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David specialises in the white collar shipping services scene, including law firms, banks, insurers, and trade associations, and also turns his hand to piracy, sanctions and industrial relations stories as necessary.
A London-born British and Swiss dual national, he was educated at the London School of Economics and Birkbeck College, and has academic qualification in politics, sociology, economics and international relations.
Three times voted Seahorse Club shipping news journalist of the year, he has also twice been longlisted for the Orwell Prize, Britain’s premier non-fiction literary award, and twice shortlisted as Periodical Publishers’ Association business journalist of the year, the highest honour in trade press journalism.
He has worked for Lloyd’s List since 1996, making him the longest-serving member of staff, although he doesn’t like to mention that more than three or four times a week at most. Unless it’s strictly necessary.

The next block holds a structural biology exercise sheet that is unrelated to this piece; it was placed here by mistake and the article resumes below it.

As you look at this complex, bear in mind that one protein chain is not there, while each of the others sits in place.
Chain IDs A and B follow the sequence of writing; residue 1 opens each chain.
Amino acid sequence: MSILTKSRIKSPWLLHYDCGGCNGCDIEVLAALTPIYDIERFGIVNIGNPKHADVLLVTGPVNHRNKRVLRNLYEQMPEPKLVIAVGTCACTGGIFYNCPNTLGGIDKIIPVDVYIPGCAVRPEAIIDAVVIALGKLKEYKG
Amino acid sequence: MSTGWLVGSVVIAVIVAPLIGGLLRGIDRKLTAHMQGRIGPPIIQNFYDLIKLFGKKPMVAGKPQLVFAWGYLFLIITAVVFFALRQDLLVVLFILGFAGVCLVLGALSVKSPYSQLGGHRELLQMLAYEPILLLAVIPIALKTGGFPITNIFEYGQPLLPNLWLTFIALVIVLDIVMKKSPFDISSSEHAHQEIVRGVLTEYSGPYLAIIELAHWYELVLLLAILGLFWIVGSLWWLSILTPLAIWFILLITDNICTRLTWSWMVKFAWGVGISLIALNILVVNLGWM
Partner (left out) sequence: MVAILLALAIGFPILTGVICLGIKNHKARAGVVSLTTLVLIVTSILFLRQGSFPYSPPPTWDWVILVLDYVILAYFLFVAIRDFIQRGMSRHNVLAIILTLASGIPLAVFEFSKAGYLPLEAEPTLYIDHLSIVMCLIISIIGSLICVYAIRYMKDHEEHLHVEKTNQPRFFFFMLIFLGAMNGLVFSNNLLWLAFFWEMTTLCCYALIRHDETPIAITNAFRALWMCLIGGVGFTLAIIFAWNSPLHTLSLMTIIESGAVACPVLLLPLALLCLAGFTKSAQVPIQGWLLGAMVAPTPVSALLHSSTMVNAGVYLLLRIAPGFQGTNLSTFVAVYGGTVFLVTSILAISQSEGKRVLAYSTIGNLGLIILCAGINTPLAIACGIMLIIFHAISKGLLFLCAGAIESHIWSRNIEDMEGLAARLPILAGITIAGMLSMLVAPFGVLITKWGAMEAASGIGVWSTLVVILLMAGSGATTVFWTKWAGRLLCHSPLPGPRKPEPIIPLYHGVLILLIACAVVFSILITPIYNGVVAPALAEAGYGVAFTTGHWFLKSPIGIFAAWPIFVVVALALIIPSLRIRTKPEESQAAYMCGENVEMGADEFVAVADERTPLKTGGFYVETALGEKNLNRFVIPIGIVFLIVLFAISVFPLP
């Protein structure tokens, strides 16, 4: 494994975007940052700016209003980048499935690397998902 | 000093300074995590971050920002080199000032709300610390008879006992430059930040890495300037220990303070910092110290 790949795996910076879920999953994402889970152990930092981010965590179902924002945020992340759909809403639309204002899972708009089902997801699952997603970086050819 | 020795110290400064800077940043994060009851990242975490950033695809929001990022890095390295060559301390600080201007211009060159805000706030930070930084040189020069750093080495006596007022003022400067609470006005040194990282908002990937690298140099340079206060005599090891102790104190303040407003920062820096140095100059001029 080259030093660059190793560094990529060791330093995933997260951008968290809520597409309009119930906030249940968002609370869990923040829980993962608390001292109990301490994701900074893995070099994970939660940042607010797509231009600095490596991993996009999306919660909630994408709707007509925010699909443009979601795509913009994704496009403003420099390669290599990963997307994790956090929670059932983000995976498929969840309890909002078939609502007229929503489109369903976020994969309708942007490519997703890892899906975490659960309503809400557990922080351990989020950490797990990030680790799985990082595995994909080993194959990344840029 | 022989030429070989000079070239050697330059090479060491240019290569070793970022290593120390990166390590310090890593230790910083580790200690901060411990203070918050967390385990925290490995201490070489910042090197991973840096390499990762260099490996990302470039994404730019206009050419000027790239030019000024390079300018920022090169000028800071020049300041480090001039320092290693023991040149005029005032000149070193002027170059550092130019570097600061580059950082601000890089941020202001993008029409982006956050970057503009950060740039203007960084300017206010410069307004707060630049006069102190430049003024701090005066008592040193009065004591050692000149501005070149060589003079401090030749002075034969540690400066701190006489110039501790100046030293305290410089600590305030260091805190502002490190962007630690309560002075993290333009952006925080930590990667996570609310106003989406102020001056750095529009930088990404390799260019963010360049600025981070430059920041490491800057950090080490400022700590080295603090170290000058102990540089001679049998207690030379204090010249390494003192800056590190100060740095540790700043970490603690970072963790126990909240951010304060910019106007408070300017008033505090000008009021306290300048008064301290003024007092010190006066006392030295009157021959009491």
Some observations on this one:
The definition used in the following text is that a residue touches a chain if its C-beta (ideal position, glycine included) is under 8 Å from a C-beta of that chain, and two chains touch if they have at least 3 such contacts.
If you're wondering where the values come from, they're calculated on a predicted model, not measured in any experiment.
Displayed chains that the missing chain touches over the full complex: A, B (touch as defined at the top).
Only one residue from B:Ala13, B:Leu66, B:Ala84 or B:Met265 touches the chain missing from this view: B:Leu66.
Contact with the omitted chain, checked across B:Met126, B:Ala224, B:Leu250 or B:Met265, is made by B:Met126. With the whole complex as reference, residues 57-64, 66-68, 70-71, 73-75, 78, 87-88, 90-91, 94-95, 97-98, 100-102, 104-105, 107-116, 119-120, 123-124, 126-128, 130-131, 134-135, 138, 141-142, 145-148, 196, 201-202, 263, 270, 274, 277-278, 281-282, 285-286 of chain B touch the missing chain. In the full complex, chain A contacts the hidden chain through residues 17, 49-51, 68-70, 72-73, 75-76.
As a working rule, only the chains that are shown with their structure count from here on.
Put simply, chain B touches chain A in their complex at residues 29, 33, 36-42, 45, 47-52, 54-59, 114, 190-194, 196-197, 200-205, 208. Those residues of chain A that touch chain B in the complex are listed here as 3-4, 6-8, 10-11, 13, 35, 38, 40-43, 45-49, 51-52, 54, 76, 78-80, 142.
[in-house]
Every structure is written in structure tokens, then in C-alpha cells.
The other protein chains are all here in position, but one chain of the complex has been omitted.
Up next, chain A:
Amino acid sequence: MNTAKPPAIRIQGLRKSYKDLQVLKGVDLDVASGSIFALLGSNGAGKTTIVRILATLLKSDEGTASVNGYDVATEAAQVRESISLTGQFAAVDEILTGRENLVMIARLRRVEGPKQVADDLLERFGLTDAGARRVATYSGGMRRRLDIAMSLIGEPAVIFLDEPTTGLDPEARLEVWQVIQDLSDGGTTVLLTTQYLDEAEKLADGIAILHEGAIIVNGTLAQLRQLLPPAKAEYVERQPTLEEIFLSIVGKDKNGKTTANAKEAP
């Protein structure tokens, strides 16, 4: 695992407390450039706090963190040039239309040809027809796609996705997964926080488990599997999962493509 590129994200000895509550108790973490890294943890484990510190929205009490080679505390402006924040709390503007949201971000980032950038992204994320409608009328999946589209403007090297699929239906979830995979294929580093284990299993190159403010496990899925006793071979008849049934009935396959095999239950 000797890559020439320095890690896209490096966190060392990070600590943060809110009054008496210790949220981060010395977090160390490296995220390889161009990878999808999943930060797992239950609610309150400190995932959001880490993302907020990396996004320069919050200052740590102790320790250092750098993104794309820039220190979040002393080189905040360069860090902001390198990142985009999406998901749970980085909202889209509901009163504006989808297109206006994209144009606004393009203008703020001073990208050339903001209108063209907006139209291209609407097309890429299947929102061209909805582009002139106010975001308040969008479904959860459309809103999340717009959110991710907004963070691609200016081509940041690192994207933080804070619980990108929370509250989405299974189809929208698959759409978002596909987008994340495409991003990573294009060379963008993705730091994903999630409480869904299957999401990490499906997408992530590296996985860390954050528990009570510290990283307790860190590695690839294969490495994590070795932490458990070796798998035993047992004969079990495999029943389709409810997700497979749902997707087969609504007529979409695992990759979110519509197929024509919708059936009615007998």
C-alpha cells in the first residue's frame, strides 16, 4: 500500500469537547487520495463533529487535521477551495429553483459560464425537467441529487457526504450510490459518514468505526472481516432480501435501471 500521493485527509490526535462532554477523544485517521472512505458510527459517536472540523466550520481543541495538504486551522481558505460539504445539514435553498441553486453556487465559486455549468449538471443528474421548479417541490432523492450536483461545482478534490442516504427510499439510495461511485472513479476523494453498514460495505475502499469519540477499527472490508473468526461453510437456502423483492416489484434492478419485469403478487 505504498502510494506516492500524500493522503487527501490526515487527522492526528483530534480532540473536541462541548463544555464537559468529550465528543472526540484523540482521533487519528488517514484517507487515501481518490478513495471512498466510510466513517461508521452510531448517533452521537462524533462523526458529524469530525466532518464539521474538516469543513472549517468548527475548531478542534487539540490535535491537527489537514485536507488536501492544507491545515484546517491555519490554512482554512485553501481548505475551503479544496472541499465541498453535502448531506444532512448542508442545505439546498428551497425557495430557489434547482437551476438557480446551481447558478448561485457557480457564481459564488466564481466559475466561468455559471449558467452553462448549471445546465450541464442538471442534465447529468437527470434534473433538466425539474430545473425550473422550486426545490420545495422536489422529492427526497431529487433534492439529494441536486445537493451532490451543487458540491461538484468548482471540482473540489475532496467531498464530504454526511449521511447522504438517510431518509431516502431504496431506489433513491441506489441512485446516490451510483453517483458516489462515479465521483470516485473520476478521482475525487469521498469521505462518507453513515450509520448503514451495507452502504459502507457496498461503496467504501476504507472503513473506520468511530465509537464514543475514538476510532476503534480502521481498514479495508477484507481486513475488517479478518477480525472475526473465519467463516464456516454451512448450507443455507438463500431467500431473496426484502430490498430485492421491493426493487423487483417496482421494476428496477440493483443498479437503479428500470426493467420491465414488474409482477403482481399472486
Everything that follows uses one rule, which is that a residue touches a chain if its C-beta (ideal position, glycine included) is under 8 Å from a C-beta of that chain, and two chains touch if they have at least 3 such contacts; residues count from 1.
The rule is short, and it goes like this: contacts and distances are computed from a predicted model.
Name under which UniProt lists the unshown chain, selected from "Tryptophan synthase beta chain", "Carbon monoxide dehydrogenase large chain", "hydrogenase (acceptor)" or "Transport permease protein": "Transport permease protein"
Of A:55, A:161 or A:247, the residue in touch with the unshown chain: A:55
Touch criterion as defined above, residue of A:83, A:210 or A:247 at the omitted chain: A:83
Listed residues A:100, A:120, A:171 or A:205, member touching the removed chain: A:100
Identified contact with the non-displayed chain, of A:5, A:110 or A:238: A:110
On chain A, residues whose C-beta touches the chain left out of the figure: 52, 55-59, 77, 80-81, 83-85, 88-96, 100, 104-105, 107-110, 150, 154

He has also written for many other newspapers and magazines, including The Guardian, Observer, Independent, Daily Telegraph, Daily Express and New Statesman, and has appeared on all of Britain’s main television and radio news programmes.
He is a member of the Labour Party, Amnesty International and National Council for Civil Liberties, and supports the charitable work of the Medical Foundation for the Care of Victims of Torture and the Trussell Trust network of foodbanks.
Latest From David Osler
Marine mutuals feel double whammy from string of big casualties and coronavirus pandemic
Ratings agency predicts rate hikes at most clubs, as mutuals feel double whammy squeeze from string of big casualties and coronavirus pandemic
‘International Group Pool claims are notably higher than in any previous year after six months, and the club’s projected contributions are higher than predicted,’ says P&I club
Chief executive Bissett hails deal as starting point for company’s strategic expansion into Turkey
Move designed to boost cashflow in coronavirus pandemic has evidently been made possible by the level of DNK’s solvency capital, which has reached $881m
DNK plans to give members $300m cashback from free reserves